If we write $U=[u_1 | \cdots | u_n]$ and $V=[v_1| \cdots | v_m]$, where $u_i$ is the $i^{th}$ column of $U$ (and similarly for $v_j$), then $A= \sum_{i=1}^r \sigma_i u_i v_i^T$, where $\sigma_i$ is the $i^{th}$ singular value. This shows that the linear transformation $A$ can be decomposed into the weighted sum of the linear transformations $u_i v_i^T$, each of which has rank $1$.

A large singular value $\sigma_k$ will indicate that the contribution of the corresponding transformation $u_k v_k^T$ is large and a small singular value will indicate that the corresponding contribution to the action of $A$ is small. As an application of this intuition, there are cases where e.g. $A$ is a full rank square matrix, hence it has no zero singular values, however a threshold is chosen and all terms in the sum $A= \sum_{i=1}^r \sigma_i u_i v_i^T$ corresponding to singular values less than this threshold are discarded. In that way, $A$ is approximated by a simpler matrix $\tilde{A}$, whose behavior is, for practical purposes, essentially the same as that of the original matrix.

It might also help to visualize the action of $A$ on a vector $x$ by means of the above formula: $Ax = \sum_{i=1}^r (\sigma_i\langle v_i,x\rangle) u_i$. Observe that the image of $x$ is a linear combination of the vectors $u_i$ and the coefficients depend on both the magnitude of the corresponding singular values as well as the directions of the vectors $v_i$ with respect to $x$. For example, if $x$ is orthogonal to all the $v_i$ for $i$ such that $\sigma_i \neq 0$, then $Ax=0$. On the other hand, if $x=v_k$ for some $k$ such that $\sigma_k \neq 0$, then $Av_k = \sigma_k u_k$.

1. One way to explain the derivation of the SVD, as least to an audience that already knows some linear algebra, is that the SVD of a matrix $A$ (which may be non-square) comes from diagonalizing the square, Hermitian matrix $$\begin{bmatrix} O & A \\ A^{\ast} & O \end{bmatrix},$$ where $O$ denotes a zero matrix of the appropriate size. Then the eigenvectors of this extended matrix are given by the pair $(u_i, \bar{v}_i)$, with eigenvalues $\sigma_i$, so $u_i$ and $v_i$ are your left and right singular vectors, and this forms the SVD $A = U \Sigma V^{\ast}$. In particular, the singular vectors must obey the equations $$Av_i = \sigma_i u_i, \quad A^{\ast} u_i = \sigma_i v_i$$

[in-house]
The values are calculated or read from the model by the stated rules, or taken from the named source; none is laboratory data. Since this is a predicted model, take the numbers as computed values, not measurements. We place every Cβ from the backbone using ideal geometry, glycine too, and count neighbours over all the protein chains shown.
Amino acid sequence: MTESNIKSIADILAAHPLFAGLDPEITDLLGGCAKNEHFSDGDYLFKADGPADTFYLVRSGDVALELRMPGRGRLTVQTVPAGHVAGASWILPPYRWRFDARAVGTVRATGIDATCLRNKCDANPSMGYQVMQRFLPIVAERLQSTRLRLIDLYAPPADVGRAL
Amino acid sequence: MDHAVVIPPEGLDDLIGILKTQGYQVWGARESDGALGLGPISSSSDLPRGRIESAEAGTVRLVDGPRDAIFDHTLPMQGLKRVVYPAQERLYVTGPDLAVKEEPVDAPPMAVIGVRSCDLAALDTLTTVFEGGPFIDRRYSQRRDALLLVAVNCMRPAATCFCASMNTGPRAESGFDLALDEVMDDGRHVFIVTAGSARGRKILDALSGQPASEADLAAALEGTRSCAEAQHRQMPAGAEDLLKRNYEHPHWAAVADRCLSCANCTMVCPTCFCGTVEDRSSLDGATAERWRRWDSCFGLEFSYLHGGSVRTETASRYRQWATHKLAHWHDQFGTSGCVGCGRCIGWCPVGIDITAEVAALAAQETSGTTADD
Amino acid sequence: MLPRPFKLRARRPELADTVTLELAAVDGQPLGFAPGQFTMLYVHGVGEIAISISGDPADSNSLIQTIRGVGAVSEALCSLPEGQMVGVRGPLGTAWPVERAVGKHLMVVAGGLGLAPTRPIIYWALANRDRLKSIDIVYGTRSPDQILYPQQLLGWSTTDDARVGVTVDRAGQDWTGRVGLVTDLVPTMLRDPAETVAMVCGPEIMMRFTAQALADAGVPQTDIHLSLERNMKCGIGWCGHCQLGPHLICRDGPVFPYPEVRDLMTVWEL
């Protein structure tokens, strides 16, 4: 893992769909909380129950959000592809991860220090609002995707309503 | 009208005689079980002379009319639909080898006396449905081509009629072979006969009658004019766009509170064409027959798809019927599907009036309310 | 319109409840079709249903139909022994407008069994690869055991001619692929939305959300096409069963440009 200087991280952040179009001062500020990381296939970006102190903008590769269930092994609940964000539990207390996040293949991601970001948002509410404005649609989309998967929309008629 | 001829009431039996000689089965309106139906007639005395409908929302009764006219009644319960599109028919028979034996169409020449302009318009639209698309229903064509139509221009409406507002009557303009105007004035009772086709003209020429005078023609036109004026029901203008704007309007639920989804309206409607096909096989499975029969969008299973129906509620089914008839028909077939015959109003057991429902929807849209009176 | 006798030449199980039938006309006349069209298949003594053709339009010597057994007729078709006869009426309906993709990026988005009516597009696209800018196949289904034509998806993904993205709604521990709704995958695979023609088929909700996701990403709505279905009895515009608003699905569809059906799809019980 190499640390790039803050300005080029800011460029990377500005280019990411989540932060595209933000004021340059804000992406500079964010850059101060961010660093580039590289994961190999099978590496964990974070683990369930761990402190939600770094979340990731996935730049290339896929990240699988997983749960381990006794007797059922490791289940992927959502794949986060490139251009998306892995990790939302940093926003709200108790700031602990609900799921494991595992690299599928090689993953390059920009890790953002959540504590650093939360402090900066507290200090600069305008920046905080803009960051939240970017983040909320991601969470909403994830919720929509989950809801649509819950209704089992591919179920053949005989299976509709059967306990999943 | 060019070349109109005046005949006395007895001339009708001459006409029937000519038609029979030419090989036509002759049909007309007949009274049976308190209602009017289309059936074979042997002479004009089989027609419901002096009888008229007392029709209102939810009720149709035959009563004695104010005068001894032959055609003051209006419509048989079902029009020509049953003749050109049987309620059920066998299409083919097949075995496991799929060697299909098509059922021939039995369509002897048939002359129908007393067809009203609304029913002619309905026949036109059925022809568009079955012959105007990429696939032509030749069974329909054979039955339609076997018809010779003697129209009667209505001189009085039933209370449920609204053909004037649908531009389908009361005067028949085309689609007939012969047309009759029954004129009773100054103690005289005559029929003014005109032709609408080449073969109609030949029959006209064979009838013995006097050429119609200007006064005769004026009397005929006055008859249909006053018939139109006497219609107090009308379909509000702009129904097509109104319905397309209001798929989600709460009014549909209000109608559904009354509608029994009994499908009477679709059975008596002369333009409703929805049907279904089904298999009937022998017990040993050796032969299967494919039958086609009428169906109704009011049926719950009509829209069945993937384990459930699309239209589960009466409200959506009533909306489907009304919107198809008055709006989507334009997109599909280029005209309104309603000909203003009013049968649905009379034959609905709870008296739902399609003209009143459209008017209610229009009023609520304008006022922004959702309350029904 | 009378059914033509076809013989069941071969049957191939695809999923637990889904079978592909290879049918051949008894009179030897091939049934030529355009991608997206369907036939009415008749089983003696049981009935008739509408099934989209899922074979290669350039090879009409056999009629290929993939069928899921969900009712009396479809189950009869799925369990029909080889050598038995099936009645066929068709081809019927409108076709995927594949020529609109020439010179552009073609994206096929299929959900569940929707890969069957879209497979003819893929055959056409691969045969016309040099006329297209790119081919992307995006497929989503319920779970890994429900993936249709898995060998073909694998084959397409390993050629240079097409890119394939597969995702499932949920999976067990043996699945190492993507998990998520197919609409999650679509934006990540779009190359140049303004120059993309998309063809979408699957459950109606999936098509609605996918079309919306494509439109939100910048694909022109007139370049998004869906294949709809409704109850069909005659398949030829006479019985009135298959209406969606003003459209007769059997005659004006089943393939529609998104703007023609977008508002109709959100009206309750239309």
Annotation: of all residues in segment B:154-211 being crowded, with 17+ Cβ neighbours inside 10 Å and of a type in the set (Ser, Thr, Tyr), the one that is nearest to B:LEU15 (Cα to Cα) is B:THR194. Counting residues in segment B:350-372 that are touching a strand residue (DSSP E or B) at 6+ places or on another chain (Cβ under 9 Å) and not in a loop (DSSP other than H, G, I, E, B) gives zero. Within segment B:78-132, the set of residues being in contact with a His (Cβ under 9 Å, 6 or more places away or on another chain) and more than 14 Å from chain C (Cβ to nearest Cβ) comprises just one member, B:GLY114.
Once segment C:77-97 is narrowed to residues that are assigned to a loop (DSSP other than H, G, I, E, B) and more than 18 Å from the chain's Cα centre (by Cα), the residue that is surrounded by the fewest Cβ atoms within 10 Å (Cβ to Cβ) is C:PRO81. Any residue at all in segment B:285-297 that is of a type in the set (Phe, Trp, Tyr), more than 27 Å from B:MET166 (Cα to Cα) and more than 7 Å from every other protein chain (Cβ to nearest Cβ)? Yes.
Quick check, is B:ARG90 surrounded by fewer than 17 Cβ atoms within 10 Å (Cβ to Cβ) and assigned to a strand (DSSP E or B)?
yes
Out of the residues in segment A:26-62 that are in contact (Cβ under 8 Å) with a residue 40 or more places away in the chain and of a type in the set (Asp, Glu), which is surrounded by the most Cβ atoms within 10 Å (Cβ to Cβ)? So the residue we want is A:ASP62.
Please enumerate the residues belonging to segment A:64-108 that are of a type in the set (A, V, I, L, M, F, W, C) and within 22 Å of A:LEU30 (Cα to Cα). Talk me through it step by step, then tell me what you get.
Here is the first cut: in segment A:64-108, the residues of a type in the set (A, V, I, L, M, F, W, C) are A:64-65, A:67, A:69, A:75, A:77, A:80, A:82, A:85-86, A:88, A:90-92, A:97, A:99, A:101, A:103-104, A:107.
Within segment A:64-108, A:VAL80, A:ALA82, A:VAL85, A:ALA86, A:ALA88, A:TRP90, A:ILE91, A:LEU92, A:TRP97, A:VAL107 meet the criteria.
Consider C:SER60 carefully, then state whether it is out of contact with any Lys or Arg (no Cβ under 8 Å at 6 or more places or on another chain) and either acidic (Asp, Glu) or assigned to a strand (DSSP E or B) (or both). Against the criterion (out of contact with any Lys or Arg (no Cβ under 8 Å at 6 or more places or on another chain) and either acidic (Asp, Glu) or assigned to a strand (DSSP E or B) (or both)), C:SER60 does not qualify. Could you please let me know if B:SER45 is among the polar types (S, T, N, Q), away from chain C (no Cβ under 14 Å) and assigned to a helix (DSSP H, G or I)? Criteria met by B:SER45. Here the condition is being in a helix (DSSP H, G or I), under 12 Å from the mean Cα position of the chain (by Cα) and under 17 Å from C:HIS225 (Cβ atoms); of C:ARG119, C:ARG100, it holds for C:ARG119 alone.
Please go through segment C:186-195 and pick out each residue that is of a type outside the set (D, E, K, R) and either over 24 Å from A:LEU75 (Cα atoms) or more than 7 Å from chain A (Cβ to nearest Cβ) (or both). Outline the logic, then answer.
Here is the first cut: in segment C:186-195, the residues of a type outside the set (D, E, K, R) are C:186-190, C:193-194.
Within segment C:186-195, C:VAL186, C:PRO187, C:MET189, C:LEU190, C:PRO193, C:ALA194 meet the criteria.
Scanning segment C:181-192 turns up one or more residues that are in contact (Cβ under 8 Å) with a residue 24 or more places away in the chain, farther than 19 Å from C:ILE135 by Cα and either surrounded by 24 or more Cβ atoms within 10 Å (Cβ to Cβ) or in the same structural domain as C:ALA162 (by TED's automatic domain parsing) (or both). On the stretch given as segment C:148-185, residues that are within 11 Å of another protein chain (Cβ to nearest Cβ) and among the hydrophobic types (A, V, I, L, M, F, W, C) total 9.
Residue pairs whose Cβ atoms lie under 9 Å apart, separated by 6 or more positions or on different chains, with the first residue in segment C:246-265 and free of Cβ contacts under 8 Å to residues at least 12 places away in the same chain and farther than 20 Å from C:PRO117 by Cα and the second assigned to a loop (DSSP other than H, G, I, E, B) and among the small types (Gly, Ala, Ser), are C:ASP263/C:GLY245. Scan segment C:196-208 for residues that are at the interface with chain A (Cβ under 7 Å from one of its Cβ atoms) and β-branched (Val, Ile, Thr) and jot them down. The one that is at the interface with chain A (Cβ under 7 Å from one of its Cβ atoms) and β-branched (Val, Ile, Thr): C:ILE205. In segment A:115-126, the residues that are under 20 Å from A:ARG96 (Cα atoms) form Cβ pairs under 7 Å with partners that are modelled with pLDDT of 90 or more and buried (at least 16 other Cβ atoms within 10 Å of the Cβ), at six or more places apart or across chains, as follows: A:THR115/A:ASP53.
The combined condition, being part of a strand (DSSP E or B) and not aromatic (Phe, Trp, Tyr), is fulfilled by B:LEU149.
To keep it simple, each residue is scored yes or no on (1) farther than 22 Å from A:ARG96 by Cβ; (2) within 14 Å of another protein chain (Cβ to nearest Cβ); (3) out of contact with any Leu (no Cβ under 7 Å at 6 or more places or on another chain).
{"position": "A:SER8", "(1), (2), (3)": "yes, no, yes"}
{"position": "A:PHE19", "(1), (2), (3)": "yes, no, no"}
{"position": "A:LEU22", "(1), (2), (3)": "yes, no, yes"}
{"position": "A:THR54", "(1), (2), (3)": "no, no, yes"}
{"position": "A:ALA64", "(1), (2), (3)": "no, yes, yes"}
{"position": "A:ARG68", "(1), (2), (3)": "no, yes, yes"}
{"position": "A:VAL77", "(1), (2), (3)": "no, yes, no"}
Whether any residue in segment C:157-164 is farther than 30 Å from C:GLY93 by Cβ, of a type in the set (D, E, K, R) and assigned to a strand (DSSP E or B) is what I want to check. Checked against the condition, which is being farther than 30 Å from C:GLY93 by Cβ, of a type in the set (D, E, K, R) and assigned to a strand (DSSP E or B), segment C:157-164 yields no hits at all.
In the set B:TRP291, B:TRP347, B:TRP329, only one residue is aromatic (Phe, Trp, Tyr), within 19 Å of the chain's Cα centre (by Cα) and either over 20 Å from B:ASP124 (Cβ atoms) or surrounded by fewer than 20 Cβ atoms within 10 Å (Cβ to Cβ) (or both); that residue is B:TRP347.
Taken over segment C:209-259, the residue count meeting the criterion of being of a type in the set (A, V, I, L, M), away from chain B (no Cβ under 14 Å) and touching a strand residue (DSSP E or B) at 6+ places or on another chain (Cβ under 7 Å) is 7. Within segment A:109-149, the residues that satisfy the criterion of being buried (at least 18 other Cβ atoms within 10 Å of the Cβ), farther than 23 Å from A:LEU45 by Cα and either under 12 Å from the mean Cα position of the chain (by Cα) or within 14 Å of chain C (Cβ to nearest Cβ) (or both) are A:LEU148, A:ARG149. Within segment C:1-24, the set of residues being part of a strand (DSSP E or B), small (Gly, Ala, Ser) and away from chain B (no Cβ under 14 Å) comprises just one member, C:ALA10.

2. If you want to explain what the SVD means intuitively, then I think the best way to explain is to think of the singular vectors $u,v$ as the basis orthogonalizing the domain and codomain of the linear transformation, respectively, so that it lines up with how the matrix $A$ "achieves" its rank. The largest singular value, $\sigma_1$, corresponds to the optimal way to approximate the behavior of $A$ by a rank-1 matrix, and this behavior is precisely given by $Av_1 = \sigma_1 u_1$. Similarly, if you want to approximate $A$ by a rank-2 matrix, then the underlying behavior is given by $$A(c_1 v_1 + c_2 v_2) = c_1 \sigma_1 u_1 + c_2 \sigma_2 u_2.$$ In general, using the $k$ largest singular values and corresponding singular vectors gives you a way to best explain the behavior of $A$ using only a rank $k$ operator. Furthermore, the size of the singular values tells you how $A$ "expands" lengths along different directions.

My layman's explanation is to consider the reverse mapping in 2 dimensions:

1. Consider any 2 independent vectors lying in a plane. both starting at the origin. Rotate the vectors by an arbitrary angle (a) so that the vectors lie above and below the x-axis, and importantly such that the vector with the larger x value has a lower absolute y value than the other. The 2 points will lie on the boundary of an ellipse centered on the origin.

2. Scale the ellipse (and 2 vectors) to a unit circle and inspect the angle between the two (unit) vectors.

3. Vary the angle a of the rotation and repeat the scaling until the scaled unit vectors are orthogonal.

4. Finally rotate the unit vectors by angle b until the correspond to i and j.

a,b and the scaling parameters define the SVD (actually the inverse).

The best way to explain SVD to a layperson is that it is a way of combining information from several (likely) correlated vectors, and forming basis vectors that are guaranteed to be orthogonal in higher dimensional space and explain the most of the variance in the data.

Now that I've typed it all out, it may not be that easy to explain to someone :)

• I am sorry it has been a long time ago, but could you please elaborate your answer, thanks. – ecook Mar 19 at 14:44

Check out my stackoverflow answer that tries to explain what dimensionality reduction means to a layperson.